Greenhats10 Tue 11-Aug-20 22:24:50

@SqidgeBum - thanks! That's interesting....we are 40 and a max mortgage would see us pay it at the max till we're 70 or even 80 if we show that we're paying into our pensions.

@goldpendant - I guess ages plus circumstances might make a big difference here. Personally, I think that banks are lending way too much to people but thats just my personal opinion...

WowOoo Tue 11-Aug-20 22:28:25

We did and I burnt out! I hated my job and the pressure of paying a massive mortgage with little kids.

I had a lovely house with huge garden but no time to enjoy it. Have more disposable income now but smaller house.

SqidgeBum Tue 11-Aug-20 22:34:35

@Greenhats10 I think when it comes to mortgage everyone has to look at their own situation. There are so many factors; age, location, income prospects, job security, future expenses, and what you prioritise in a house. For us, we bought a cheap house in a cheap town, basic 3 bed semi, and we both work in industries which will always have demand and where the earnings will never go down below a certain level. We were therefore able to take a maximum mortgage at a young age knowing we were always going to be able to pay it. We were lucky in many ways (especially as we both had managed to save for our deposit in our early 20s and we had some extra unexpected money from the death of a relative which helped boost our deposit a bit).

A maximum mortgage isnt a good option for everyone, especially if you are maxing our your monthly repayment ability. I would NEVER take a mortgage that was more than what one of us earned in a month. For us, we had to be able to pay it on one full time wage in case one of us couldnt work.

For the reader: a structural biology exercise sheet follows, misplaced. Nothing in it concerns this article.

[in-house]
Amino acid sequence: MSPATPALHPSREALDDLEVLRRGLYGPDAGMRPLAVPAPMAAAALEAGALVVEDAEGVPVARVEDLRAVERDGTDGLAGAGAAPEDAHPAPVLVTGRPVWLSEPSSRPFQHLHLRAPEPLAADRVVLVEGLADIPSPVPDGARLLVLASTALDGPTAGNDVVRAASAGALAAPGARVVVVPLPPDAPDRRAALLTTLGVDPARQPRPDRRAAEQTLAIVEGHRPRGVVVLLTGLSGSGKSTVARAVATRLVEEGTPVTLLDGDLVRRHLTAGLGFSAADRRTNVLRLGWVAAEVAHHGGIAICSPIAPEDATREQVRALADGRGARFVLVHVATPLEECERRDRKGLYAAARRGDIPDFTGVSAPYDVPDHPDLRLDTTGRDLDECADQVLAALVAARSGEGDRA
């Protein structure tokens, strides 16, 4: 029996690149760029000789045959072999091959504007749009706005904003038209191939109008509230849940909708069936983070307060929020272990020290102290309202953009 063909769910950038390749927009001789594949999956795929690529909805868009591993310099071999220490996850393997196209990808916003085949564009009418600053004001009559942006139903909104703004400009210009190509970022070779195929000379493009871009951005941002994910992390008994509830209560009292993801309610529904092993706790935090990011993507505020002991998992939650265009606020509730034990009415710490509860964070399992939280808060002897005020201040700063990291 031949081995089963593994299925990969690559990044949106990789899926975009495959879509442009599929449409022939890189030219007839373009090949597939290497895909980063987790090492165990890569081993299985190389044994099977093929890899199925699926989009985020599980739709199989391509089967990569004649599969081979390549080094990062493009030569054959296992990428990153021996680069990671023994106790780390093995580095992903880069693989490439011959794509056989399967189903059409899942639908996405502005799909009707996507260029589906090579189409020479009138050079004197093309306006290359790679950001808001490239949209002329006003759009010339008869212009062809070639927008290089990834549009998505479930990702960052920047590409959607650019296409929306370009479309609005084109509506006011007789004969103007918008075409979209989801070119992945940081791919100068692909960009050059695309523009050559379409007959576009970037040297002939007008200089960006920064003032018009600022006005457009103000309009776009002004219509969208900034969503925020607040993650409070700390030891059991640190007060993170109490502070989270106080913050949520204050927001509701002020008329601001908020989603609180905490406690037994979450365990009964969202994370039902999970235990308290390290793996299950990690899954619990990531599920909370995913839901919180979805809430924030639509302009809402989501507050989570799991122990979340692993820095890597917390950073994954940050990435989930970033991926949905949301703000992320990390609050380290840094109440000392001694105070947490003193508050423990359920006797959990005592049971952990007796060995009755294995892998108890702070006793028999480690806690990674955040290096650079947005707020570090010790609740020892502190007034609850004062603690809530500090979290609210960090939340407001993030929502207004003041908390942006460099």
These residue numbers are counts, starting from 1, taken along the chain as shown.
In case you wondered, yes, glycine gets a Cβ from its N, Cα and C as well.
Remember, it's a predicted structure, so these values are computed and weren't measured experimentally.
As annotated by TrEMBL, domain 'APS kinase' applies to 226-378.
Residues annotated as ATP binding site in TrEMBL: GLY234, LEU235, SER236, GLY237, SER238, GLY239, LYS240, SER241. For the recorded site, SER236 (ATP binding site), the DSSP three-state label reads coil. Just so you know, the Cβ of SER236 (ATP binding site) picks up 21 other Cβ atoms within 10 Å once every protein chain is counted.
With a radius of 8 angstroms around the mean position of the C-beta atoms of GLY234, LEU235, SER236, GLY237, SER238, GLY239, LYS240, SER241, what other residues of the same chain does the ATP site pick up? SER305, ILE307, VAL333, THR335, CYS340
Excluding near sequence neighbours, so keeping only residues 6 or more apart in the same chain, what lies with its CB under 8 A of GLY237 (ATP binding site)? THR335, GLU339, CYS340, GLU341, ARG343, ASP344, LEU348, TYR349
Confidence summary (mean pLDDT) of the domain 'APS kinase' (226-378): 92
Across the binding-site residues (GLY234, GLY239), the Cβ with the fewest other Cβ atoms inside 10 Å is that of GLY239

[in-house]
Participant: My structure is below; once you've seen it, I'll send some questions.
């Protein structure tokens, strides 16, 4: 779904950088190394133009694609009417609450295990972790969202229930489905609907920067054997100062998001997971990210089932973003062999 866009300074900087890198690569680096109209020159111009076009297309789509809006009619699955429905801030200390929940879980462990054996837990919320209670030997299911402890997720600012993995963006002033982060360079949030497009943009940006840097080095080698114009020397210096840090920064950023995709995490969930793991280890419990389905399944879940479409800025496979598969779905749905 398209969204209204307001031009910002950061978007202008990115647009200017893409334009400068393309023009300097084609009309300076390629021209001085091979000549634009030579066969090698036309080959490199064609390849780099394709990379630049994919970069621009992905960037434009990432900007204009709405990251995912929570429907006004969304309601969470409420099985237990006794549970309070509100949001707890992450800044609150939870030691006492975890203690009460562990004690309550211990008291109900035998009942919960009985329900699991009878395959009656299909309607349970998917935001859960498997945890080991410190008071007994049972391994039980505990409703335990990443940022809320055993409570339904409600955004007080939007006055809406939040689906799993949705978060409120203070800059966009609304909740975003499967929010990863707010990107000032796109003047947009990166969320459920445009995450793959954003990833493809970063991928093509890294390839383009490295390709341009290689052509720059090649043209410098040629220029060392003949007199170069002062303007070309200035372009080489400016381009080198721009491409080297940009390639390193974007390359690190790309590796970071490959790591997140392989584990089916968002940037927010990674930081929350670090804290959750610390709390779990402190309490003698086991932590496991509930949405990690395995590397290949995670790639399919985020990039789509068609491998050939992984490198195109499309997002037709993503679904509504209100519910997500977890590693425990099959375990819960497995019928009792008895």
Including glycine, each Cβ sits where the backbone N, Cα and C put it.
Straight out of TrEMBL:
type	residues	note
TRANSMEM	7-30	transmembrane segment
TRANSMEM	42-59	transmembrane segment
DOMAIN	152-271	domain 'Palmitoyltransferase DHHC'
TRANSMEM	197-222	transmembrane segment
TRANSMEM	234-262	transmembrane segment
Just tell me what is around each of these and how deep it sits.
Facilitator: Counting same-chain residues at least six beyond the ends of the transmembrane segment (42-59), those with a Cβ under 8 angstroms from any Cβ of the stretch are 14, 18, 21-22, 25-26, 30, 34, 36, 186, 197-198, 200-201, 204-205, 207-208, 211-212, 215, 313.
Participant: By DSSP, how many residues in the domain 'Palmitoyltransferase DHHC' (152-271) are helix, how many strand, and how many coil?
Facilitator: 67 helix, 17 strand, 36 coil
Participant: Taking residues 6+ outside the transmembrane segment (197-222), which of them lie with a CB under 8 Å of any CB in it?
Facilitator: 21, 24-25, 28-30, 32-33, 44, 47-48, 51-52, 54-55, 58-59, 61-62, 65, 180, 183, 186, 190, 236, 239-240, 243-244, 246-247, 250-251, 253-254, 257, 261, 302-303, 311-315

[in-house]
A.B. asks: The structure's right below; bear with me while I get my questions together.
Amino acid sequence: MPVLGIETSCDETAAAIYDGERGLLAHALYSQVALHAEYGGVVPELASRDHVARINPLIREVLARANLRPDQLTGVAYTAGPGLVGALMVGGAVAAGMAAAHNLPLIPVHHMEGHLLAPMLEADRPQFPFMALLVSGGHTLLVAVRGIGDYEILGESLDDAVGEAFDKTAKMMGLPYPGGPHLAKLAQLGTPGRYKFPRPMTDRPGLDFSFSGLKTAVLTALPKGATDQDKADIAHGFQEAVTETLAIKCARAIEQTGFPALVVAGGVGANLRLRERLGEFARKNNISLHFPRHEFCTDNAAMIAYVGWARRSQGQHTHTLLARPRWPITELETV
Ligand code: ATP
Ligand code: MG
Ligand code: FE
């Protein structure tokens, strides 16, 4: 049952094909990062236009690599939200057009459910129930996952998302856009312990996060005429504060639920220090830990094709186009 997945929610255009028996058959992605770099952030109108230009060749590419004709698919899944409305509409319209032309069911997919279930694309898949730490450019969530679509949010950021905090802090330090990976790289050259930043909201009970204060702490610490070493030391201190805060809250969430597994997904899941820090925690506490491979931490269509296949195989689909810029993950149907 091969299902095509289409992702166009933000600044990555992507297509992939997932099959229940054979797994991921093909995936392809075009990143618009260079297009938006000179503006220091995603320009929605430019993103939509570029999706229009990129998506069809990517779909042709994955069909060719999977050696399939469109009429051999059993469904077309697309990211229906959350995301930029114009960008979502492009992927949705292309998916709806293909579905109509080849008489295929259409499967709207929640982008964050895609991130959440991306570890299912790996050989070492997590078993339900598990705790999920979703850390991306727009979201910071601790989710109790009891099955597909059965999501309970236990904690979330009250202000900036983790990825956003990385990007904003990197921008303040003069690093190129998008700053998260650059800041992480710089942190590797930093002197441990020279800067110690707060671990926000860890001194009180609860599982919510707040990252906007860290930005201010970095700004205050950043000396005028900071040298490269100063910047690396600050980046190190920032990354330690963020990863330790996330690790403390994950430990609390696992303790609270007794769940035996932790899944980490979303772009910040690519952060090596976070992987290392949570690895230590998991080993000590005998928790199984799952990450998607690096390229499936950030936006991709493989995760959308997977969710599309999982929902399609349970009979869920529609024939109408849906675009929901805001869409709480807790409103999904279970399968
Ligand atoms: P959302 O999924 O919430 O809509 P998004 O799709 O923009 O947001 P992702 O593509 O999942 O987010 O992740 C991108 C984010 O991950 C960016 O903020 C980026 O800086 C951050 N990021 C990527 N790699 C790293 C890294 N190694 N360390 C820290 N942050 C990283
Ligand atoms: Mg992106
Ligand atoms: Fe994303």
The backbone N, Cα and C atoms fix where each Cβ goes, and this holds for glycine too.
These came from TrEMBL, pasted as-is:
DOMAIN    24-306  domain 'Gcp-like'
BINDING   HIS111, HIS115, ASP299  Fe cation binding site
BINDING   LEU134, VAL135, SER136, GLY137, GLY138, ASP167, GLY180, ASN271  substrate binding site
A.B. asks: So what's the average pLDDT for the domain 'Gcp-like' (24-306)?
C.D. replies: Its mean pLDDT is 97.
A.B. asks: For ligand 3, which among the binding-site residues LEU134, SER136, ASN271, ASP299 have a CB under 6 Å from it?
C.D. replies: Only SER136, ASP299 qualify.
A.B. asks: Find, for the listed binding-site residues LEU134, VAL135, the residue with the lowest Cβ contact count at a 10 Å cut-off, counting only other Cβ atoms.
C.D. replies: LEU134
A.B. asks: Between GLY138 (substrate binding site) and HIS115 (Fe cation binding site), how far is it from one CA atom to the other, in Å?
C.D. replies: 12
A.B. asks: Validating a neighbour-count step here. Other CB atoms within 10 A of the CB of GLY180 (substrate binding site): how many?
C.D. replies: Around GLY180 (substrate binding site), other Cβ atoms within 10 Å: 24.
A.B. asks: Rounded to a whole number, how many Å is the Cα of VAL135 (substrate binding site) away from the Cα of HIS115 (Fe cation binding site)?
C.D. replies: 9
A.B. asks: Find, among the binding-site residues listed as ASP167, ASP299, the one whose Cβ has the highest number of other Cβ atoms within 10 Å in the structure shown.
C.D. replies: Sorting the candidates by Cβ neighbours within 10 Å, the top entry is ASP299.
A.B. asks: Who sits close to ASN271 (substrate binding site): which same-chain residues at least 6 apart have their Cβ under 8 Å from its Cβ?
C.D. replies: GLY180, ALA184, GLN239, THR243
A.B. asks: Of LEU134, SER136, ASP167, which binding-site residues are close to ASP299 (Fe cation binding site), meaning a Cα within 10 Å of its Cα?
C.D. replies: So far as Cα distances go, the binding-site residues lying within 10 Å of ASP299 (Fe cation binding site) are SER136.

Lazypuppy Tue 11-Aug-20 22:35:05

@Greenhats10 we took a 35yr mortgage at 28yo. We'll start overpaying in a few years.

We bought last year, money was tight for first couple of months, then got my promotion so very comfortable now.

Salary will jump up again in about 5years when i go for next grade, until thdn steady pay rises.

House is very important to us over other things so that is why we have spent a lot

FastFood Tue 11-Aug-20 22:49:40

I borrowed to the max in terms of monthly repayments, but just for 20 years (I'm 40 and FTB).

I'm very boring frugal, don't have kids, car or previous debt so I can afford it and still put over 30% of my income toward savings.

I haven't pushed the deposit to the max though, I kept few months of runway, just in case.

I live in London on my own so it's either that or being the proud owner of a parking spot.
Also, my home is my personal interior design project.

MartinJD1976 Tue 11-Aug-20 22:54:59

Yup, we've borrowed beyond what we thought was the max the bank would lend - and are getting a 5x joint salary mortgage for a house we are looking to buy at the moment. Looking forward to getting the keys, if it happens.

RHTawneyonabus Tue 11-Aug-20 23:05:51

We didn’t stretch ourselves before and now regret it. We are looking to max out this time in terms of what’s allowed for lending. It is cheaper to borrow money than sell our shares and pay cgt on them.

We are 40 and planning on interest only with the intention of downsizing once our 25 year term ends. That means monthly payment will be pretty low.

userbbb Tue 11-Aug-20 23:13:44

You have a good LTV so I don't think borrowing max is that bad. Also it depends on income, 50% of your salary going on mortgage is a lot more comfortable if your earning 10k as opposed to 1k a month.

Smallgoon Wed 12-Aug-20 00:45:34